Want an alternative to fat-laden potato chips? Choose fat-free, vitamin C packed, crunchy jicama sticks or slices. Just peel the brown skin and the white fibrous layer from this turnip-shaped vegetable with a paring knife. Then cut it into fry-shaped sticks or thin chip-shaped slices. Sprinkle with the juice from one lime and then sprinkle with 1 teaspoon chili powder (or more if you'd like it spicier). These are best chilled, but will make a delightful, readily-available snack for all the munchers in your house.
When shopping for jicama, which is available year round, choose one that is heavy for its size with unbruised and unblemished skin. Store in a plastic bag in your refrigerator for up to 2 weeks. If the flesh is no longer white when cut open, the jicama is too old.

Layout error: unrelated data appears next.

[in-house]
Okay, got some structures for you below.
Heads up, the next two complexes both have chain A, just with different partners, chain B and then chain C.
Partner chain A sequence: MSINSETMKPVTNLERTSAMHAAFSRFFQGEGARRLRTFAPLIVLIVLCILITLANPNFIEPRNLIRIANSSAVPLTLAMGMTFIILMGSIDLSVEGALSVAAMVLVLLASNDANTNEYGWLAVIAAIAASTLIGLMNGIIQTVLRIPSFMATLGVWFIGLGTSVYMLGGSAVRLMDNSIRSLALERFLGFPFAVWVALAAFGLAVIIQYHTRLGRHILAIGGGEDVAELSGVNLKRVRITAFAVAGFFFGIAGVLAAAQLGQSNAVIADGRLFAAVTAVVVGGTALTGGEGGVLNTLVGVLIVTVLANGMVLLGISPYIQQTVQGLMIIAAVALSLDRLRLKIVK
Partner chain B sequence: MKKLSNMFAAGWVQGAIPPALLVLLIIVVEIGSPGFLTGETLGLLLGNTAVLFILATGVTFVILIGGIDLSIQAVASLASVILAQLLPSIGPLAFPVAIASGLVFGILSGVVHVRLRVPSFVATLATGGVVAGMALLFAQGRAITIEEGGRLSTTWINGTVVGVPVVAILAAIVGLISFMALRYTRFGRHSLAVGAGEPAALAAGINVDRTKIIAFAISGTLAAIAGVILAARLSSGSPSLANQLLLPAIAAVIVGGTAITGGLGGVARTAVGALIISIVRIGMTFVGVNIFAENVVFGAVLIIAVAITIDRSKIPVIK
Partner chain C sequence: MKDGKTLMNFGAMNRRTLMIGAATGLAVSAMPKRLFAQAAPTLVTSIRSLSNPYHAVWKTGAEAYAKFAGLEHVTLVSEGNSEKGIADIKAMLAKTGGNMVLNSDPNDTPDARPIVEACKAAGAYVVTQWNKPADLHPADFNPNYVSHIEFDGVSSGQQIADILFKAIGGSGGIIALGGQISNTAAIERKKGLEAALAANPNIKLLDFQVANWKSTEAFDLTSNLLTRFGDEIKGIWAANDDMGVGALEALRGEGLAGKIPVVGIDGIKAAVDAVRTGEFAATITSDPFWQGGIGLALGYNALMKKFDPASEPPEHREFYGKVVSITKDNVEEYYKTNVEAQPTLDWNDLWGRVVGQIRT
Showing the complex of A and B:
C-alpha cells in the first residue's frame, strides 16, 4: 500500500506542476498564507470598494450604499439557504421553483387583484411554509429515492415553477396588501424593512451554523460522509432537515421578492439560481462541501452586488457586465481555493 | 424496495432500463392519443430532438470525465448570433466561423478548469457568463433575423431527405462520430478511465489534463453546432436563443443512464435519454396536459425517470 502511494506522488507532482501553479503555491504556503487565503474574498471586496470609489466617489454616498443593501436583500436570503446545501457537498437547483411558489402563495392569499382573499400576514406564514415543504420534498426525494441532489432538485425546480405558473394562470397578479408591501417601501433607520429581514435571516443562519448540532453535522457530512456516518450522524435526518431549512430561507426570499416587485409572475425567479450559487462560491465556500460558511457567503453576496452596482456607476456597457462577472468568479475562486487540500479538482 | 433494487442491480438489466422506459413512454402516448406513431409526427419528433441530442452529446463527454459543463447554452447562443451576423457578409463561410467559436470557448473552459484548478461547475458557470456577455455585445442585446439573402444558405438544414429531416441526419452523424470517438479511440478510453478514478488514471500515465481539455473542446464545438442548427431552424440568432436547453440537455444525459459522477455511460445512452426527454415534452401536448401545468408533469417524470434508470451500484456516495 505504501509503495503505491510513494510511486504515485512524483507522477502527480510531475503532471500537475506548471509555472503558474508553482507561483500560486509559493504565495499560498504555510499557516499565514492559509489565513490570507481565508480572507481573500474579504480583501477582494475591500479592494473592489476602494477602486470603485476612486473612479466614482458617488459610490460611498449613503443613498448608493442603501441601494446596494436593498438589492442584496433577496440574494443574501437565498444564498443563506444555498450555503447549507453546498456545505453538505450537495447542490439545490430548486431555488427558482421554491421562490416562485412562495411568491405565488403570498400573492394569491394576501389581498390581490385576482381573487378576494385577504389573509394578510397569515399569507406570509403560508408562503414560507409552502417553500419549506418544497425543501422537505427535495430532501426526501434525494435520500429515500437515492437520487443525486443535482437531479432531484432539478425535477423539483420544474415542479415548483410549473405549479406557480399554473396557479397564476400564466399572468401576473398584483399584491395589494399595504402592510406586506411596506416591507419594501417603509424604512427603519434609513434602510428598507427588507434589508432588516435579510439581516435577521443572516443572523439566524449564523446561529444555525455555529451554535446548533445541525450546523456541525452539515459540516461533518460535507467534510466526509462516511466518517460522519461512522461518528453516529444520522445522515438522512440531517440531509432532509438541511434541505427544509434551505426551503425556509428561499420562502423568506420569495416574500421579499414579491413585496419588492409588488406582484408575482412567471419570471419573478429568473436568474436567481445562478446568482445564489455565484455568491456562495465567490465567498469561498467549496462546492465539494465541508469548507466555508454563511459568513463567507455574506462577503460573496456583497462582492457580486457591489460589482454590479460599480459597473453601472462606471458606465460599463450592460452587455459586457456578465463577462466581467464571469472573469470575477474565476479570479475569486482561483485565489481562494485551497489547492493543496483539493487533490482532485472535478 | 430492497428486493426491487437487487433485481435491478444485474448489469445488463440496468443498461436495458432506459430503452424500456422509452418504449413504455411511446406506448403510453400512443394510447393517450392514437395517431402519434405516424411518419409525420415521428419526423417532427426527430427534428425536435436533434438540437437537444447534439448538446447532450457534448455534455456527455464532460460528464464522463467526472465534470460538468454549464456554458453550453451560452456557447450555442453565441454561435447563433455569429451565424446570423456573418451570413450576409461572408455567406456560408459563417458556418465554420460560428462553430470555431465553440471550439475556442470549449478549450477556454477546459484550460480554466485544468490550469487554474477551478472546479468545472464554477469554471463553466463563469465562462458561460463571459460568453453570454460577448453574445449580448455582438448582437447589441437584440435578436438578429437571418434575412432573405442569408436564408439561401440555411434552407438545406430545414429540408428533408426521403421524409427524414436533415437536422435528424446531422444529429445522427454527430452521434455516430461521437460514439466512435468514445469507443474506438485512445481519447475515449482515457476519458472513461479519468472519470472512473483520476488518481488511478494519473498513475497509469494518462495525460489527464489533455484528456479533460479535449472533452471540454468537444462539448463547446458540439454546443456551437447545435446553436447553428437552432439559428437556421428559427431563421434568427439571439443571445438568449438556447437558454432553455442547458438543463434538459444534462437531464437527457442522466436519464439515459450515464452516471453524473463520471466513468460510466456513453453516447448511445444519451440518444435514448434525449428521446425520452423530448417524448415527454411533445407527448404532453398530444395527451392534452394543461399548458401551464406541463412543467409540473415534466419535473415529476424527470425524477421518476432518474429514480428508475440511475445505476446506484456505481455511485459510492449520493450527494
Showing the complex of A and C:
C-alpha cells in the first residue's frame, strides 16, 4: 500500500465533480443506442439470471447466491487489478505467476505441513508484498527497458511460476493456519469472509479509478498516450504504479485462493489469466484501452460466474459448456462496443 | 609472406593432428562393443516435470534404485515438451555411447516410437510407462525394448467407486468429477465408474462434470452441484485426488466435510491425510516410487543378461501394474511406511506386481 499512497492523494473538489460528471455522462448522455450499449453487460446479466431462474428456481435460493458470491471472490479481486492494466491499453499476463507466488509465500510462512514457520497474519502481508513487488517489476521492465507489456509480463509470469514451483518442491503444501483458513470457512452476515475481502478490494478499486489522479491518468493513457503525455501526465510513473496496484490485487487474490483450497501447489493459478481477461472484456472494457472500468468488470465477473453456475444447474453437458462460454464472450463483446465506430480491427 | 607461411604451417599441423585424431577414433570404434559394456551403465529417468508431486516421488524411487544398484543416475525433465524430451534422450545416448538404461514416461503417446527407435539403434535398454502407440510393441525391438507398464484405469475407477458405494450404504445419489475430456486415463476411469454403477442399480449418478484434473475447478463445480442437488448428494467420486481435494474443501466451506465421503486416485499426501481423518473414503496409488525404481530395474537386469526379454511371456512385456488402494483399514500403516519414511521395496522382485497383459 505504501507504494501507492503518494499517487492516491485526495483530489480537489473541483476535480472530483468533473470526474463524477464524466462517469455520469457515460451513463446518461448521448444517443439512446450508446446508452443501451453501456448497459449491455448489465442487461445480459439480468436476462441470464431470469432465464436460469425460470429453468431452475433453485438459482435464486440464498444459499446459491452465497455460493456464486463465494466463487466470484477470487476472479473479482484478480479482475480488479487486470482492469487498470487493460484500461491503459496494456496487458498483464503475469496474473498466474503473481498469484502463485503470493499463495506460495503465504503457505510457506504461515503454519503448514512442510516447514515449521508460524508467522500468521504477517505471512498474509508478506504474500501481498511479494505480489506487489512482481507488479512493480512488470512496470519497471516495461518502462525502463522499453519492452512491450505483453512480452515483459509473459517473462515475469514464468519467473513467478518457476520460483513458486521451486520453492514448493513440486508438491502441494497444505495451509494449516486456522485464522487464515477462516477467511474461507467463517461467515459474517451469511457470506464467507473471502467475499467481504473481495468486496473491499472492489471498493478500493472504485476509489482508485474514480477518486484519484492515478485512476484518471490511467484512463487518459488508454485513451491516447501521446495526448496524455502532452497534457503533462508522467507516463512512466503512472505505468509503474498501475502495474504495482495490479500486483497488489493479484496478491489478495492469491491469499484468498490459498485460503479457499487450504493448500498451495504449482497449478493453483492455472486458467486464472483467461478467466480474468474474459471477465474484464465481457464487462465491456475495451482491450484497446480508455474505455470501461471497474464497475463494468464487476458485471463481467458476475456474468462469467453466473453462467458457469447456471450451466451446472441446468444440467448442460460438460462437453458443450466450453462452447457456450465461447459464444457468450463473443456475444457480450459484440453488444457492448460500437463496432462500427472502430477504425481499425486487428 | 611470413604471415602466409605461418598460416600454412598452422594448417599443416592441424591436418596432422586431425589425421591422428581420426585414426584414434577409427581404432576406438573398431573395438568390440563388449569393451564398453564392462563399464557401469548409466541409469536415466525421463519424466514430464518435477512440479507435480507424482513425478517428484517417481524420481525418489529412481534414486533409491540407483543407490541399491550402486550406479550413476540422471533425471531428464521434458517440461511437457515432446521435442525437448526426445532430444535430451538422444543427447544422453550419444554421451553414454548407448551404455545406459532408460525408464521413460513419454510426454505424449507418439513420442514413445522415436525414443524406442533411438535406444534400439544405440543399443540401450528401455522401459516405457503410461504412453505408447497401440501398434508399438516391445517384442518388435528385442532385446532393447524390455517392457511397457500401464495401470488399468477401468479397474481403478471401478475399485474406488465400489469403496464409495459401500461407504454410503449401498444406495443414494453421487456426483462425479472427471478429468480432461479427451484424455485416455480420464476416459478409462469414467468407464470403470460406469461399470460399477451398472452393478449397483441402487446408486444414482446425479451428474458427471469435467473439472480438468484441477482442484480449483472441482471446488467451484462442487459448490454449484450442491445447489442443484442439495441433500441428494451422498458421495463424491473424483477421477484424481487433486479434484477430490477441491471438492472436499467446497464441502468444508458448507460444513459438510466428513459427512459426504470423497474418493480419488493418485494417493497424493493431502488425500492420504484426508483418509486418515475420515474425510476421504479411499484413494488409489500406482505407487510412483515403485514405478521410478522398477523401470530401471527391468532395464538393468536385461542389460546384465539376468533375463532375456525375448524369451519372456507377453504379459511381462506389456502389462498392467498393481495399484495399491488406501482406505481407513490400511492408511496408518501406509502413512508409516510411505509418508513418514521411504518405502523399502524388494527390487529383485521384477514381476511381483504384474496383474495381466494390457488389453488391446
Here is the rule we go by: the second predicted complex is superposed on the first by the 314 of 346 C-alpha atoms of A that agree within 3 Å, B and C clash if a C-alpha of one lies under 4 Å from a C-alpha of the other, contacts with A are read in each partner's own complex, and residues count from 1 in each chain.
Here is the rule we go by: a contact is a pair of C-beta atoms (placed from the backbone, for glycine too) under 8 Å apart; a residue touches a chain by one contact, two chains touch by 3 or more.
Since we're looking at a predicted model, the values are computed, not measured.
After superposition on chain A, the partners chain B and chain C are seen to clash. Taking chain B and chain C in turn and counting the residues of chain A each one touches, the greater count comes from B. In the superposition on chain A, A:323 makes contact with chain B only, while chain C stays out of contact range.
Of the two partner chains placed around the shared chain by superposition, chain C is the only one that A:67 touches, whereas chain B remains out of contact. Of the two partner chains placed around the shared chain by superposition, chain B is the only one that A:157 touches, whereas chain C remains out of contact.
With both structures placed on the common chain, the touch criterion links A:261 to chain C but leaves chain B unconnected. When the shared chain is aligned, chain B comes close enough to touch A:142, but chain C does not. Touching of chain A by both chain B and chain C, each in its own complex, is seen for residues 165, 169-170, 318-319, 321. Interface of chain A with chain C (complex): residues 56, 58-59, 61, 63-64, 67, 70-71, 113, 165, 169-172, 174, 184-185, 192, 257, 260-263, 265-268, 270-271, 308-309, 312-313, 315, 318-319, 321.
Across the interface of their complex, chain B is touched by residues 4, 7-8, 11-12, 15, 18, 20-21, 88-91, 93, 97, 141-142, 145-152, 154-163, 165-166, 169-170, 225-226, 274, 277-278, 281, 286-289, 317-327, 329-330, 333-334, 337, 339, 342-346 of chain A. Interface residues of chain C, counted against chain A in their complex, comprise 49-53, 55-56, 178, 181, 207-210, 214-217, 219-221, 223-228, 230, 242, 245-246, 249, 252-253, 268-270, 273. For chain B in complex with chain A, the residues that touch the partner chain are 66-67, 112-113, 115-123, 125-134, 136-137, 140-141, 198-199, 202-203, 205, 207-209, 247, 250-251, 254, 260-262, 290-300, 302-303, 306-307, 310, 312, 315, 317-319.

Jicama retains its crunchy texture even when sautéed and absorbs the flavors of the food it is cooked with. You can substitute it for water chestnuts in your stir-fry recipes, toss it into many salads (potato, green, fruit) for great crunch, or sauté it in oil for a simple side dish. Because it is slow to turn brown when exposed to air, it makes a great addition to fresh vegetable platters.
Jicama on the Side
Vegetable Cooking Spray
2 teaspoons vegetable oil
1 clove garlic, crushed
3/4 pound Jicama, peeled and julienned
2 tablespoons chopped red bell pepper
1/8 teaspoon paprika
1/8 teaspoon salt
1/8 teaspoon pepper
Coat a medium skillet with cooking spray; add oil and heat over medium heat. Sauté garlic, jicama, and red pepper for 5 minutes, adding seasonings and stirring frequently. Serve with a meat entrée as desired.
* DVO welcomes your kitchen hints and cooking or nutrition questions! Email us and we'll post your hints and Q/A's in upcoming newsletters! *